Set at the foot of the Alborz mountains, Tehran, once an agricultural enclave characterized by forests and abundant mountain water, developed at the site of a citadel since medieval times. Tehran was first walled during the Safavid era, in the mid-sixteenth century. With the decline of other regional centers, Tehran replaced Shiraz as the capital of the Zand dynasty in the mid-eighteenth century, before being proclaimed the capital of the succeeding Qajar dynasty in 1795. Tehran flourished under Qajar patronage, and the city gained the addition of various gardens and complexes, perhaps the most notable being the Kakh-i Gulistan, or Gulistan Palace.
By the early twentieth century, these walls were subsumed by the continually expanding city, as the population growth reached half a million. From 1870-2/1287-9 AH, Nasir al-Din undertook the city's modernization, extending the city walls, adding decorative towers and twelve new, tiled gates. Inspired by the urban development of Paris under Napoleon III, which al-Din had witnessed personally on a visit abroad in 1873, the new walls were designed with the work of Sebastien Leprestre de Vauban in mind, and the area north of the original city transformed to the likeness of the Boulevard Haussman. New avenues and squares were constructed, among them; Meydan-e Tupkhane (Cannon Square) , Avenue Lalezar (Tulipbed Street), and Ala Od Dwale Under al-Din's direction the city quadrupled in size, and many of the gardens surrounding the city were used for further construction. The Kakh-i Gulistan was rebuilt, and became the centerpiece of the city, with the addition of turreted towers, supervised by Dust 'Ali Khan Nizam al Dawla. Polychrome tiles replaced the painted ornamentation in much of the complex, as did carved stucco and decorative mirror-work. In addition to the Kakh-i Gulistan, summer palaces were constructed in the Shimiranat villages in the city's northern suburbs.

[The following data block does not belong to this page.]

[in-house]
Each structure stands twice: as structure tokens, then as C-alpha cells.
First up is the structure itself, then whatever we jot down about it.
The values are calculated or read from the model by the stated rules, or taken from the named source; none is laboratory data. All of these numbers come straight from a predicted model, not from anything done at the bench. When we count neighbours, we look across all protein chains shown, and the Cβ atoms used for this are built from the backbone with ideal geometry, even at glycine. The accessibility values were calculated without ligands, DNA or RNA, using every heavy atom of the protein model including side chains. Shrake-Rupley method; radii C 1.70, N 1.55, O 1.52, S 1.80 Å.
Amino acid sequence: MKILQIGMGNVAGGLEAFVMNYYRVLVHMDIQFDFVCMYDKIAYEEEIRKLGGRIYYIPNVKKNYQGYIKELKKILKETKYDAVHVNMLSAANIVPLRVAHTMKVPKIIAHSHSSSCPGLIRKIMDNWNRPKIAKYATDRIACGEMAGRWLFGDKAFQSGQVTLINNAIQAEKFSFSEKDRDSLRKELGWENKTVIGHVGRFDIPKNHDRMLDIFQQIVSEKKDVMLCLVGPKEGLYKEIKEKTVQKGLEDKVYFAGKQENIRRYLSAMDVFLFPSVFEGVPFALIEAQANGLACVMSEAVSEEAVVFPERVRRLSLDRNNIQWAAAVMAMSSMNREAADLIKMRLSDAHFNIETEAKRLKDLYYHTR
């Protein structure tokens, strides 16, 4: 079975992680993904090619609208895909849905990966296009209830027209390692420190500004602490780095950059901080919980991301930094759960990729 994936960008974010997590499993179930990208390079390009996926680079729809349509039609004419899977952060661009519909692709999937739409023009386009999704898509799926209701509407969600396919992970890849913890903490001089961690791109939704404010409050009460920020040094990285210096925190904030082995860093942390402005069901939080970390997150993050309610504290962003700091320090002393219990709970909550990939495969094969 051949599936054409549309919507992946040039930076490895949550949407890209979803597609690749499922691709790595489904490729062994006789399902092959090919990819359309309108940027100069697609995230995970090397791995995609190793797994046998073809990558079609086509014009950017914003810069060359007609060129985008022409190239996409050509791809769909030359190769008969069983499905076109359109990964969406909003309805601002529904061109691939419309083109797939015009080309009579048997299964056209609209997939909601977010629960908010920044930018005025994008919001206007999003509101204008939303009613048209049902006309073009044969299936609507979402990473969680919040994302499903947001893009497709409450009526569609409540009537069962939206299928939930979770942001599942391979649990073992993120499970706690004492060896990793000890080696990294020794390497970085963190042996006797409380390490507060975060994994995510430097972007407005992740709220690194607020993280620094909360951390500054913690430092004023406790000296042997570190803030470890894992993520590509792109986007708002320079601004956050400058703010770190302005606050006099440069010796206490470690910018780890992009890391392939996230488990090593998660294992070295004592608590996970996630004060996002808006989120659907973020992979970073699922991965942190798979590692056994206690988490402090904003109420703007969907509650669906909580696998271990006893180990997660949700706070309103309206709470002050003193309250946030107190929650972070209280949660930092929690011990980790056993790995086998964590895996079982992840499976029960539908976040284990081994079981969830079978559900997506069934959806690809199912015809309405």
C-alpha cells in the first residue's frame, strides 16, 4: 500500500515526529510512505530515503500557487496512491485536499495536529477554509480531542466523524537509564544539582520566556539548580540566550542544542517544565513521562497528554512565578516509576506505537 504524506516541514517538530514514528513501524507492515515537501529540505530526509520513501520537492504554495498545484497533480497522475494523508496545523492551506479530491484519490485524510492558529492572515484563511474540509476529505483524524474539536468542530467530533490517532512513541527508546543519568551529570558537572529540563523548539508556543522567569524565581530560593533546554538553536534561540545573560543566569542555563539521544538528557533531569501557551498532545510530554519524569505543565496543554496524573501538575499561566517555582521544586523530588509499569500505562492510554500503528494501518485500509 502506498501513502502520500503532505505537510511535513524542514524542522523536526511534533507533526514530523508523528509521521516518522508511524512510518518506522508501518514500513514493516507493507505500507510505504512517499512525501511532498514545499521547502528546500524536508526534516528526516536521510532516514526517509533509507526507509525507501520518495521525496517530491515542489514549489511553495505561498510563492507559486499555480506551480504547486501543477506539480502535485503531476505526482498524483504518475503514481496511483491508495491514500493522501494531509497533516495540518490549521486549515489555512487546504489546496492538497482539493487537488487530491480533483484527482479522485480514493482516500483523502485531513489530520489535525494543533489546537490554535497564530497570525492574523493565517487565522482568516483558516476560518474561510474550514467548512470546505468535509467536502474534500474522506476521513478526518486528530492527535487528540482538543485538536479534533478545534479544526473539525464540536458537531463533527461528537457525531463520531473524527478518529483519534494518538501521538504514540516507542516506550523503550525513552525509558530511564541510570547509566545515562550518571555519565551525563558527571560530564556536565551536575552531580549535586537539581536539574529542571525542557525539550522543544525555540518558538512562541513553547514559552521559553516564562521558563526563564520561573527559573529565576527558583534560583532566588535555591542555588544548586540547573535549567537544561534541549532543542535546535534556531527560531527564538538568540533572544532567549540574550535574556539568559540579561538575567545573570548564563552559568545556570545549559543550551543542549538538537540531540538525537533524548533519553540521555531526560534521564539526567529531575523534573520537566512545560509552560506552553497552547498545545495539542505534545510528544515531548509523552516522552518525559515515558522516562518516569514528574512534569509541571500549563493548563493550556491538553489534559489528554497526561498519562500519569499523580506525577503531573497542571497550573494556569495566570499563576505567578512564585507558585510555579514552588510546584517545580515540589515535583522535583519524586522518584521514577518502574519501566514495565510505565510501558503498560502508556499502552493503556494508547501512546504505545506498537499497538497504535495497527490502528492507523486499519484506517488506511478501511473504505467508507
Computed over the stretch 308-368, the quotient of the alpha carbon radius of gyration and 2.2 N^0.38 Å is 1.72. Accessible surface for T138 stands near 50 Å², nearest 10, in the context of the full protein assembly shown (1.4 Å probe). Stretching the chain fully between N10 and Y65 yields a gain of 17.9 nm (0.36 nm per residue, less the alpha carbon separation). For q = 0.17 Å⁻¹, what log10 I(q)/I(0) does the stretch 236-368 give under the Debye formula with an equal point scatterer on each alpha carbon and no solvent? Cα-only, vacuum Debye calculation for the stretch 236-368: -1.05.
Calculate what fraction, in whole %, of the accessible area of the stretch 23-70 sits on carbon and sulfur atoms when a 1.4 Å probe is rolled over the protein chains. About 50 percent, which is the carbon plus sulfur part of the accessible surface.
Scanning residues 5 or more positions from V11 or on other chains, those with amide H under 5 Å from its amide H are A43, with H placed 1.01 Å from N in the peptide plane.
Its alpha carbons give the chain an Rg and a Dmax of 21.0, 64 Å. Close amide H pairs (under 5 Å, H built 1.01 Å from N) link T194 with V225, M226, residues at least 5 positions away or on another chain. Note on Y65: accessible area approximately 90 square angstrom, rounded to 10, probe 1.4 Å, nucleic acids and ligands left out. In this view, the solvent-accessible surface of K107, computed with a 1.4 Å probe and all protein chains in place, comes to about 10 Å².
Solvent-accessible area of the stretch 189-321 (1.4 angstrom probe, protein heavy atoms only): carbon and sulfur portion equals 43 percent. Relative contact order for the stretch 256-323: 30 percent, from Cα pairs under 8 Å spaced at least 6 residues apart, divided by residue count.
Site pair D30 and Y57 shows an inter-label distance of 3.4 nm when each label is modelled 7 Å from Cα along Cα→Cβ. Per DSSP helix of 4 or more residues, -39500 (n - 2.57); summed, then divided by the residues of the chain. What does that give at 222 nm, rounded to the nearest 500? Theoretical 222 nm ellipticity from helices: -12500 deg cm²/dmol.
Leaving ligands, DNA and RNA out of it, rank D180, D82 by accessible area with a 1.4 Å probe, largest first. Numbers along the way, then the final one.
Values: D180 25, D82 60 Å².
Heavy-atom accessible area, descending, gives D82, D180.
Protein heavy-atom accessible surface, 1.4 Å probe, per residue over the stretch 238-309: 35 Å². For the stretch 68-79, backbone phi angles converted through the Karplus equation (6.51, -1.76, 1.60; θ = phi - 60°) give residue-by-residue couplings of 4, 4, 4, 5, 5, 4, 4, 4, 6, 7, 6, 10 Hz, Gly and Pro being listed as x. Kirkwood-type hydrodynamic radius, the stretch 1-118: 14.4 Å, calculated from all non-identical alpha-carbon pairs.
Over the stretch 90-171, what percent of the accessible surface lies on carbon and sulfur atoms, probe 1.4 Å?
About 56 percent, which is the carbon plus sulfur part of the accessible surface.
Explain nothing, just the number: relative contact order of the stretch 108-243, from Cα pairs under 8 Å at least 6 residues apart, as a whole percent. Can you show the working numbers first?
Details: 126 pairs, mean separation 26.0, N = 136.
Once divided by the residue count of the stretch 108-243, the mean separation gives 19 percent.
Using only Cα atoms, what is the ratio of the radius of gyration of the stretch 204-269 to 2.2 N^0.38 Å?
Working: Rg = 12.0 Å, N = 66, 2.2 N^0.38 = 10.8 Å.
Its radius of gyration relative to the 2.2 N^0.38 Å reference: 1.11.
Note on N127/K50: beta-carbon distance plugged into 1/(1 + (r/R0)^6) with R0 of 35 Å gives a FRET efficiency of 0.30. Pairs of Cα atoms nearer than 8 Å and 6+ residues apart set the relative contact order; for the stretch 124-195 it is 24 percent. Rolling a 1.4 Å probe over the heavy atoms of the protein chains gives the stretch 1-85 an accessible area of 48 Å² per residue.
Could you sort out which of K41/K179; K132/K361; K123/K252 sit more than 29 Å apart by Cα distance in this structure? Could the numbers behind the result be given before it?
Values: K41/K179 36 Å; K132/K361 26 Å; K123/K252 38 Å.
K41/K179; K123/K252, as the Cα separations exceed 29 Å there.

Tehran yet again underwent expansion and modernization efforts in the mid-twentieth century, as the prosperity that accompanied the exploitation of oil from the 1950s accelerated the growth of the city. In 1979, Tehran became a hub for revolutionary activities, aimed at concluding the reign of Shah Mohammad Reza Pahlavi. The city has continued to be a site of development, with over half of Iran's total industry being based in Tehran, and the construction of many research and educational centers.
Esmailpour Ghouchani, Iradj. “Arabic abstract of 'Old Tehran'". Translated Balkis Rouashid In Cities as Built and Lived Environments: Scholarship from Muslim Contexts, 1875 to 2011, by Aptin Khanbaghi. 385. Edinburgh: Edinburgh University Press, 2014.
حسن بیگی، محمد رضا. تهران قدیم. تهران: ققنوس، ١٣۶۶ ، ۴٨٠ ص
Hasan Baigi, Muhammad Reza. Tihran-i Qadim. Tehran: Qiqnus, 1988, 480pp.
مدينة طهران القديمة
ﯾﺸﻜﻞ ھﺬا اﻟﻜﺘﺎب
ﺗﻠﺨﯿﺼﺎ ﻟﻤﻘﺎﻻت ﺻﺪرت ﺗﺤﺖ ﻧﻔﺲ اﻟﻌﻨﻮان ﻓﻲ ﻣﺠﻠﺔ "اطﻼﻋﺎت ھﻔﺘﮕﯽ" ﺑﺪءا ﻣﻦ اﻟﻌﺪد
اﻟﺼﺎدر ﻓﻲ رأس اﻟﺴﻨﺔ اﻹﯾﺮاﻧﯿﺔ اﻟﻤﺼﺎدف ﺳﻨﺔ ١٩٨٤ م ﺣﺘﻰ اﻟﻌﺪد اﻟﺼﺎدر ﻓﻲ ﻧﻔﺲ اﻟﻤﻨﺎﺳﺒﺔ
ﻣﻦ اﻟﻌﺎم اﻟﺘﺎﻟﻲ. ﯾﺒﺪأ اﻟﻜﺘﺎب ﺑﺘﻘﺪﯾﻢ دراﺳﺔ ﺗﺘﻨﺎول أﺻﻞ ﻛﻠﻤﺔ "ﺗﮭﺮان" ﻓﻲ اﻟﻠﻐﺔ
اﻟﻔﺎرﺳﯿﺔ ﻣﻮﺿﺤﺎ أن اﻟﻤﻘﺎﺑﻞ ﻓﻲ اﻟﻠﻐﺔ اﻟﻌﺮﺑﯿﺔ، طﮭﺮان، ھﻮ ﺗﺤﺮﯾﻒ ﻟﻼﺳﻢ اﻷﺻﻠﻲ و ﻟﯿﺲ ھﻨﺎك
أي أﺳﺎس ﺗﺎرﯾﺨﻲ ﻟﮫ. و ﺑﻌﺪ ذﻟﻚ ﯾﻤﻀﻲ اﻟﻜﺎﺗﺐ ﻣﻌﺘﻤﺪا ﻋﻠﻰ ﻣﺎ ﻛﺘﺒﮫ ﺑﻌﺾ اﻟﺮﺣﺎﻟﺔ ﻟﯿﻮﺿﺢ ﻛﯿﻒ
ﺗﺤﻮﻟﺖ ﻣﺪﯾﻨﺔ طﮭﺮان إﻟﻰ ﻋﺎﺻﻤﺔ ﻟﻠﺒﻠﺪ، و ﯾﻘﺪم ﺗﻮﺻﯿﻔﺎ ﯾﺘﻤﯿﺰ ﺑﺎﻟﺴﻼﺳﺔ و اﻹﻣﺘﺎع ﻟﺒﻮاﺑﺎت
اﻟﻤﺪﯾﻨﺔ و أﺣﯿﺎﺋﮭﺎ و ﺗﻘﺎﻟﯿﺪھﺎ و ﺳﻜﺎﻧﮭﺎ.